John Winthrop, Massachusetts's first governor spoke to his people before they disembarked in their new land:
We must delight in each other, make others' conditions our own, rejoice together, mourn together, labor and suffer together, always having before our eyes our community as members of the same body.
Two hundred years later, visiting Frenchman Alexis de Tocqueville, impressed by our individualism and yet unsettled, warned: Unless our individualism was continually and strongly balanced by other habits, it would inevitably lead to fragmentation of American society and social isolation of its citizens.
And, of course, a couple thousand years ago, the man whose birth we celebrate this season, told us:
Love your neighbor as yourself.
Keep your eyes open for the little things you can do this season to make things easier on others. You have no idea what they are up against this season (and it may be awful) but you can do all you can not to make things worse for them. You can provide a grace note in a stressful day with a warm smile, a door held open, a suggestion of where they might find what they are looking for if you happen to know, a soothing word in a long line at the checkout reminding folks that whatever line they happen to jump to will suddenly become the slowest line of all and they might as well stay put (use humor when you can to ease tensions ... I used this one and it helped the woman with the fraying temper in front of me immensely).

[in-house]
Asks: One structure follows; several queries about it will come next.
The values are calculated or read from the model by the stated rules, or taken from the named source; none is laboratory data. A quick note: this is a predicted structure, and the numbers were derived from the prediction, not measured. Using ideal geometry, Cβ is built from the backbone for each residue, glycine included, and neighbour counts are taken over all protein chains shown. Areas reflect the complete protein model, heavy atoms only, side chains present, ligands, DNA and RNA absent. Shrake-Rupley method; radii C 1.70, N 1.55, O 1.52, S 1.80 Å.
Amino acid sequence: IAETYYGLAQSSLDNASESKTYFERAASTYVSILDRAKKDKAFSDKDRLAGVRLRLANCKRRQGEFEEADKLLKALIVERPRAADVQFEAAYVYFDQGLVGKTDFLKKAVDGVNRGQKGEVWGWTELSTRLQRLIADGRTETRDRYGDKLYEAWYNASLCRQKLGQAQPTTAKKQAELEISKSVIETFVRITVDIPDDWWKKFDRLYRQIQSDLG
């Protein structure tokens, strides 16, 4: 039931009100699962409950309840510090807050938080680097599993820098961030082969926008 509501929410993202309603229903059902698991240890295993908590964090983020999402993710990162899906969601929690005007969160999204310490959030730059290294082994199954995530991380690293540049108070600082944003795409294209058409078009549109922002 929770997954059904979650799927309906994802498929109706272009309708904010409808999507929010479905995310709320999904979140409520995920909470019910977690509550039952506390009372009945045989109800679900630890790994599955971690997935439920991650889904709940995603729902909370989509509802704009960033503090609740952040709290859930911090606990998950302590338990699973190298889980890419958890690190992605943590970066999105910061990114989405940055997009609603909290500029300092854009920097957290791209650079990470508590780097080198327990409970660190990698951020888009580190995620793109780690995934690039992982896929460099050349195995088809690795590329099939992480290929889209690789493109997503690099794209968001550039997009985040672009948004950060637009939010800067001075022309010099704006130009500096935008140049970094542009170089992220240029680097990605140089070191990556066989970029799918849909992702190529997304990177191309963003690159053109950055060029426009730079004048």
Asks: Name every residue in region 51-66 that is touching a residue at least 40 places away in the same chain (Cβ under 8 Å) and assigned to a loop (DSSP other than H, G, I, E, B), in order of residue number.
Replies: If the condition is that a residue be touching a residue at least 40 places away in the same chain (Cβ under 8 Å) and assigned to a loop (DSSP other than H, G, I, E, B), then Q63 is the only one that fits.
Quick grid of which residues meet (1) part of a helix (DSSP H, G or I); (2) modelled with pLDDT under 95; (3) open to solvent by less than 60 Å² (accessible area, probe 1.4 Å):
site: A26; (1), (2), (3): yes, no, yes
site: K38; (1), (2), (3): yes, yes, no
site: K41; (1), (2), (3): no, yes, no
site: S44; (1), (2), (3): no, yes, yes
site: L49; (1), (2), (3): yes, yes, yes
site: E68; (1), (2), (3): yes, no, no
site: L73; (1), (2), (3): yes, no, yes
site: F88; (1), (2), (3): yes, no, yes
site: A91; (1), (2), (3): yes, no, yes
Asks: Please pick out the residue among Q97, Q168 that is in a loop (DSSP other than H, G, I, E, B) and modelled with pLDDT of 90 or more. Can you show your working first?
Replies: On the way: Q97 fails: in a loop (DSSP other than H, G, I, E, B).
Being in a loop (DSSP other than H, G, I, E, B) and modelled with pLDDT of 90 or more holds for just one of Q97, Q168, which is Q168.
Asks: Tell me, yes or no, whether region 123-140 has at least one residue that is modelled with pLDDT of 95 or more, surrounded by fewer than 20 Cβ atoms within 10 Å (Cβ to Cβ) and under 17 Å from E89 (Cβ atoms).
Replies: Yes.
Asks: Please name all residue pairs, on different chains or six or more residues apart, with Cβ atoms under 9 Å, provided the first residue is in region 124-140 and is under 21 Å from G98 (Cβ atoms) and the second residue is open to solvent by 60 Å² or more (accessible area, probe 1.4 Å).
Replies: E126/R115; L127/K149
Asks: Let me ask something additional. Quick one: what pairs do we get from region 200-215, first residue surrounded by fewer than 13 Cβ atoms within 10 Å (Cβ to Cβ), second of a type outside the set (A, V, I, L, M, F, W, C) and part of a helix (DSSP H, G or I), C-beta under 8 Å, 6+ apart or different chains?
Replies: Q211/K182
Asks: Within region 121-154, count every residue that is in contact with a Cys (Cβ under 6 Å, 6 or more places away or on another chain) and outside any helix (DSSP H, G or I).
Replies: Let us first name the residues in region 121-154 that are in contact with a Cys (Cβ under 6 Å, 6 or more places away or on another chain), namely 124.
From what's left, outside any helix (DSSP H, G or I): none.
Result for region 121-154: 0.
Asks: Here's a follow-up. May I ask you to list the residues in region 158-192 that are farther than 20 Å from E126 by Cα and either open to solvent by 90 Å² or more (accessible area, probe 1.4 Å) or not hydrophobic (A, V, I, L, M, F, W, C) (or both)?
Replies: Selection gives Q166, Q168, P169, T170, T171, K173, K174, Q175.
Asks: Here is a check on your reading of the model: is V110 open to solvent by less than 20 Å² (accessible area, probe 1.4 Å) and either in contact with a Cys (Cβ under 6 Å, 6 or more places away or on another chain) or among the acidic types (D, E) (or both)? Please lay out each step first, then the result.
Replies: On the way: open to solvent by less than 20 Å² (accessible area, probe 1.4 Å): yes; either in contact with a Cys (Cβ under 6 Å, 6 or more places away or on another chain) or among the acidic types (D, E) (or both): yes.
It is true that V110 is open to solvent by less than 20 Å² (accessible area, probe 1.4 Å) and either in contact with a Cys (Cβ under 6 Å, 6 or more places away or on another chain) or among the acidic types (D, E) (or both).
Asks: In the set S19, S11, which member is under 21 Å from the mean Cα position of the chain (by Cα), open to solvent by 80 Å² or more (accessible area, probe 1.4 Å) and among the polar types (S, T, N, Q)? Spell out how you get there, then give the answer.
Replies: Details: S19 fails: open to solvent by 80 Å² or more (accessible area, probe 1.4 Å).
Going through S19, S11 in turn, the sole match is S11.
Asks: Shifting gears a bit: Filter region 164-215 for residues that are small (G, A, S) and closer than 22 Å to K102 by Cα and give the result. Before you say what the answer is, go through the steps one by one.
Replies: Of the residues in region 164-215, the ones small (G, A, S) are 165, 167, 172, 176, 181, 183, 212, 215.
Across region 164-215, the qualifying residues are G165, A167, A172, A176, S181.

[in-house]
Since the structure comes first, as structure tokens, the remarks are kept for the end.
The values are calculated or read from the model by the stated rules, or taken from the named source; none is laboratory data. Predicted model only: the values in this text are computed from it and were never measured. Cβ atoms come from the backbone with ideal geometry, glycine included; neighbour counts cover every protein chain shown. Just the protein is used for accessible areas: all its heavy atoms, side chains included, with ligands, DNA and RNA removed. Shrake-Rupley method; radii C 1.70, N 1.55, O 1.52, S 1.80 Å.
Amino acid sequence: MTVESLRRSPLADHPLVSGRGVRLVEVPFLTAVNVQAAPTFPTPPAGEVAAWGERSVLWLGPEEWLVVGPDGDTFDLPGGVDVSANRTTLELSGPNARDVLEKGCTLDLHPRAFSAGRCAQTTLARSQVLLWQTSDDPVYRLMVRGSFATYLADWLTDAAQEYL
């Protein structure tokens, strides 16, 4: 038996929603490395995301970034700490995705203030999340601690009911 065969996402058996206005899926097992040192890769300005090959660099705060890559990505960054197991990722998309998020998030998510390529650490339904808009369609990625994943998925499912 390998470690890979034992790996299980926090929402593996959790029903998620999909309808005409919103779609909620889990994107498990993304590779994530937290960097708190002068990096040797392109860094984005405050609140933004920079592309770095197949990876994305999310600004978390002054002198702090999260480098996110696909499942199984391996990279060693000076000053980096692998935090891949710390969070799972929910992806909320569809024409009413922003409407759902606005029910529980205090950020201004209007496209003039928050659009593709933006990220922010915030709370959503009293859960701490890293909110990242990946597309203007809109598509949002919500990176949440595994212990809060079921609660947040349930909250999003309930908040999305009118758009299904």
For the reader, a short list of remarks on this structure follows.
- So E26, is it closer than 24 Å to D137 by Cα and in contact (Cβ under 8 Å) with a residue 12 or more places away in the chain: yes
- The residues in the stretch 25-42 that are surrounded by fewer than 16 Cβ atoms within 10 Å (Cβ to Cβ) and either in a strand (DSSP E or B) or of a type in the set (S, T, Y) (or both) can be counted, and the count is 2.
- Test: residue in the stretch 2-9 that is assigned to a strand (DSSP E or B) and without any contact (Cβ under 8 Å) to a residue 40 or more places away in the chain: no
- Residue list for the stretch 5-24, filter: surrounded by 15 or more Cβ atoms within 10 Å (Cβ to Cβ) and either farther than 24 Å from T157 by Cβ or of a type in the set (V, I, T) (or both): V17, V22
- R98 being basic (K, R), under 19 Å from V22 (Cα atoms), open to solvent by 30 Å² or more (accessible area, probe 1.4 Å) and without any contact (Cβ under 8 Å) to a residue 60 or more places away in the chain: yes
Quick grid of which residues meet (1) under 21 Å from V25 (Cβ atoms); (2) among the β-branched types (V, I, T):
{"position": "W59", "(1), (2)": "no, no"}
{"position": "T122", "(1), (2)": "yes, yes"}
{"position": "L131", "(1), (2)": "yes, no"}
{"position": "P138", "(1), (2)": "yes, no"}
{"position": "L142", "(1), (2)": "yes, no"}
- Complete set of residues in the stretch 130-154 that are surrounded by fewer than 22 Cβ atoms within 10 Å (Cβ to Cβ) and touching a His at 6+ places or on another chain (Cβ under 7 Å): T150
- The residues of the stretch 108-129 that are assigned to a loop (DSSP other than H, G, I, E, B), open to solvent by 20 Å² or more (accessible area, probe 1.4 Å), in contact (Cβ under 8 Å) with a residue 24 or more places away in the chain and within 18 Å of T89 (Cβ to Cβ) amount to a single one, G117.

Be a blessing to others this season. Spread a little Christmas joy and help knit an unraveling community back together as you love your neighbor (anyone you can help, in case you are wondering who that neighbor is) as yourself.
Merry Christmas to you all.